ESPN’s Sage Steele is making some serious allegations against two of her colleagues at the network.
According to Steele, both Elle Duncan and Michael Cleaves went behind her back to exclude her from being featured on an on-air special about race because they complained she wasn’t ‘an authentic voice for the black community’ due to her past criticisms of Colin Kaepernick and anthem protests.
“ESPN anchor Sage Steele has told management she believes she was excluded from a special the network aired on race last month because she wasn’t considered by certain Black colleagues to be an authentic voice for the Black community” https://t.co/zwKiB5yECR
— Josh Kraushaar (@HotlineJosh) July 21, 2020
Ms. Steele said colleagues told her she was considered for the special by the executive in charge, Michael Fountain, until two of the other on-air personalities involved, Elle Duncan and Michael Eaves, complained, saying Ms. Steele wouldn’t be accepted by what they considered the Black community, according to the person familiar with her account to management.
Ms. Steele, one of the network’s most prominent on-air personalities, voiced her concerns to ESPN President Jimmy Pitaro in early June, saying the incident showed the network has a divisive work environment, the person said.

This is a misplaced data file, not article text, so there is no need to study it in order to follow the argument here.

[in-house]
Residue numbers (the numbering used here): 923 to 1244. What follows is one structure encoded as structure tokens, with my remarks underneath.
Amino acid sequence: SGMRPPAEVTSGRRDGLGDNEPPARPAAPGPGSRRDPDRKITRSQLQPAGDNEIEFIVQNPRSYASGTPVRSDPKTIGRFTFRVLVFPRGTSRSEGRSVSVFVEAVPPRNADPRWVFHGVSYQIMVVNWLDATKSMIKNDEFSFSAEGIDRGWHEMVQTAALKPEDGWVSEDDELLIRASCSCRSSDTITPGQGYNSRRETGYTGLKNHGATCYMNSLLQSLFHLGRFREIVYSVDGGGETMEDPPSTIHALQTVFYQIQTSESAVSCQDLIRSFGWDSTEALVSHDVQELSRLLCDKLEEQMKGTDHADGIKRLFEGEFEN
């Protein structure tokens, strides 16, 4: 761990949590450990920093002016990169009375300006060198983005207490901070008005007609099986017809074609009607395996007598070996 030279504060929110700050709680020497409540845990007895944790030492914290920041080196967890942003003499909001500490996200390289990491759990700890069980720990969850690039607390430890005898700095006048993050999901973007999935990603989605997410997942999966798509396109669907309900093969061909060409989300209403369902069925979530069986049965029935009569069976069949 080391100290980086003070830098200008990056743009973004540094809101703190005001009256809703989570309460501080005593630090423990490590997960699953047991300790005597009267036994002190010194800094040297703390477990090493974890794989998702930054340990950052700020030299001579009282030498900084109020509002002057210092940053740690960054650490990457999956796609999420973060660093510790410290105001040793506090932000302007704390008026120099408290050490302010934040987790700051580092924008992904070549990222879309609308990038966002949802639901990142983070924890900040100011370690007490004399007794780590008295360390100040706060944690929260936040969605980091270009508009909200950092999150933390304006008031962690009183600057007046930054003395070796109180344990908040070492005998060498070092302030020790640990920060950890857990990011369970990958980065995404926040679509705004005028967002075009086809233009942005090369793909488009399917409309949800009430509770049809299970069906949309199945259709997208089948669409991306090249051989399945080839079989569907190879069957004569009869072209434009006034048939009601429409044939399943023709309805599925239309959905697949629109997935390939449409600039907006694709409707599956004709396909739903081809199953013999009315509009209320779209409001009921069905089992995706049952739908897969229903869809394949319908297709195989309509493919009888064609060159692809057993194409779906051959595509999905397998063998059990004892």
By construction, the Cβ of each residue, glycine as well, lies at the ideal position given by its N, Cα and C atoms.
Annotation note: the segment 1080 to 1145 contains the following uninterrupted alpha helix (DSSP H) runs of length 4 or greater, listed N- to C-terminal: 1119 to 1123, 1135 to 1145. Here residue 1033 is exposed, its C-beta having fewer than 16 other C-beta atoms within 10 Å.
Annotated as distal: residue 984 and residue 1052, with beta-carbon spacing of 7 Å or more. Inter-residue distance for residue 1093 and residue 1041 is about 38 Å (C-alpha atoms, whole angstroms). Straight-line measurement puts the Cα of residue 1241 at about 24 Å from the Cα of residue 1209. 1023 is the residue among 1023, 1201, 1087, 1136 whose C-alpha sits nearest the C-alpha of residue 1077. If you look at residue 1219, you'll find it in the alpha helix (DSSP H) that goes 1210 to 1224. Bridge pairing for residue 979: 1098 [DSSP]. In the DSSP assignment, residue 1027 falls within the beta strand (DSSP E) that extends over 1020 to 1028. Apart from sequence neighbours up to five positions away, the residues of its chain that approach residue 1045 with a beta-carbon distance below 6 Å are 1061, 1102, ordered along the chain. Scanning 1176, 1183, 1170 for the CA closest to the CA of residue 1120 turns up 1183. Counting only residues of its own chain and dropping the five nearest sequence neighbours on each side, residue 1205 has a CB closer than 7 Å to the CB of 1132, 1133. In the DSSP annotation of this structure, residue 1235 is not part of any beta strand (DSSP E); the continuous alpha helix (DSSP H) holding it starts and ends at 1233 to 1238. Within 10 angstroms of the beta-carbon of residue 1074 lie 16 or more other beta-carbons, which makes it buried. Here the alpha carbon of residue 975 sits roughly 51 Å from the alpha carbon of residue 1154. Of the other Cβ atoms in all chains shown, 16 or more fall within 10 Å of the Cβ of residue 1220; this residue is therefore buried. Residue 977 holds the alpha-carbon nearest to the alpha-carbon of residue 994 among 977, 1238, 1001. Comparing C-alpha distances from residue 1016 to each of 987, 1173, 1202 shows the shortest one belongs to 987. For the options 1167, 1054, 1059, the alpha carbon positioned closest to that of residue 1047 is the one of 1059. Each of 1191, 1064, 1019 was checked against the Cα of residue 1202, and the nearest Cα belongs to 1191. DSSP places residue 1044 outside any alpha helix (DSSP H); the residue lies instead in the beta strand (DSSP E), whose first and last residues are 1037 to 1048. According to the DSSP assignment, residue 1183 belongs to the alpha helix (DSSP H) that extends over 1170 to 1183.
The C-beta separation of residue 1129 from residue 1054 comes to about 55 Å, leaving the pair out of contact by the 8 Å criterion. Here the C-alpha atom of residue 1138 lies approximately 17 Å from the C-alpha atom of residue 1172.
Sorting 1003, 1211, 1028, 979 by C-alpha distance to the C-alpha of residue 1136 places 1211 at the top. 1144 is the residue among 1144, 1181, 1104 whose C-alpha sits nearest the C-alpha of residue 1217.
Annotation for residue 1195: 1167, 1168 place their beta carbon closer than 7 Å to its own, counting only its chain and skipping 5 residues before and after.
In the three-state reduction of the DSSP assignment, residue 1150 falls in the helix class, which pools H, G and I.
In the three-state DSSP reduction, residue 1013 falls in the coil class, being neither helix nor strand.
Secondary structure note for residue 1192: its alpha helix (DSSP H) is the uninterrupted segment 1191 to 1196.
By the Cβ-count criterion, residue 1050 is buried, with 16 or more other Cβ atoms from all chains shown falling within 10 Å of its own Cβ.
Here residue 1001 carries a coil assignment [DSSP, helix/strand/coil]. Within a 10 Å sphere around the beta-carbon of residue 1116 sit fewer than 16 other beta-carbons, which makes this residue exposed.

Steele went on the record with the Wall Street Journal to talk about the incident.
I found it sad for all of us that any human being should be allowed to define someone’s ‘Blackness.’ Growing up biracial in America with a Black father and a white mother, I have felt the inequities that many, if not all Black and biracial people have felt—being called a monkey, the ‘n’ word, having ape sounds made as I walked by—words and actions that all of us know sting forever. Most importantly, trying to define who is and isn’t Black enough goes against everything we are fighting for in this country, and only creates more of a divide.”
An ESPN spokesperson denied that Steele wasn’t included in the special due to complaints from Eaves and Duncan and Undefeated editor-in-chief Kevin Merida said that the platform does not have a “litmus test for Blackness.”
Duncan and Eaves would go on to release a joint statement in which they said they wish they had more time in the special “to include more of the many strong voices we have at ESPN”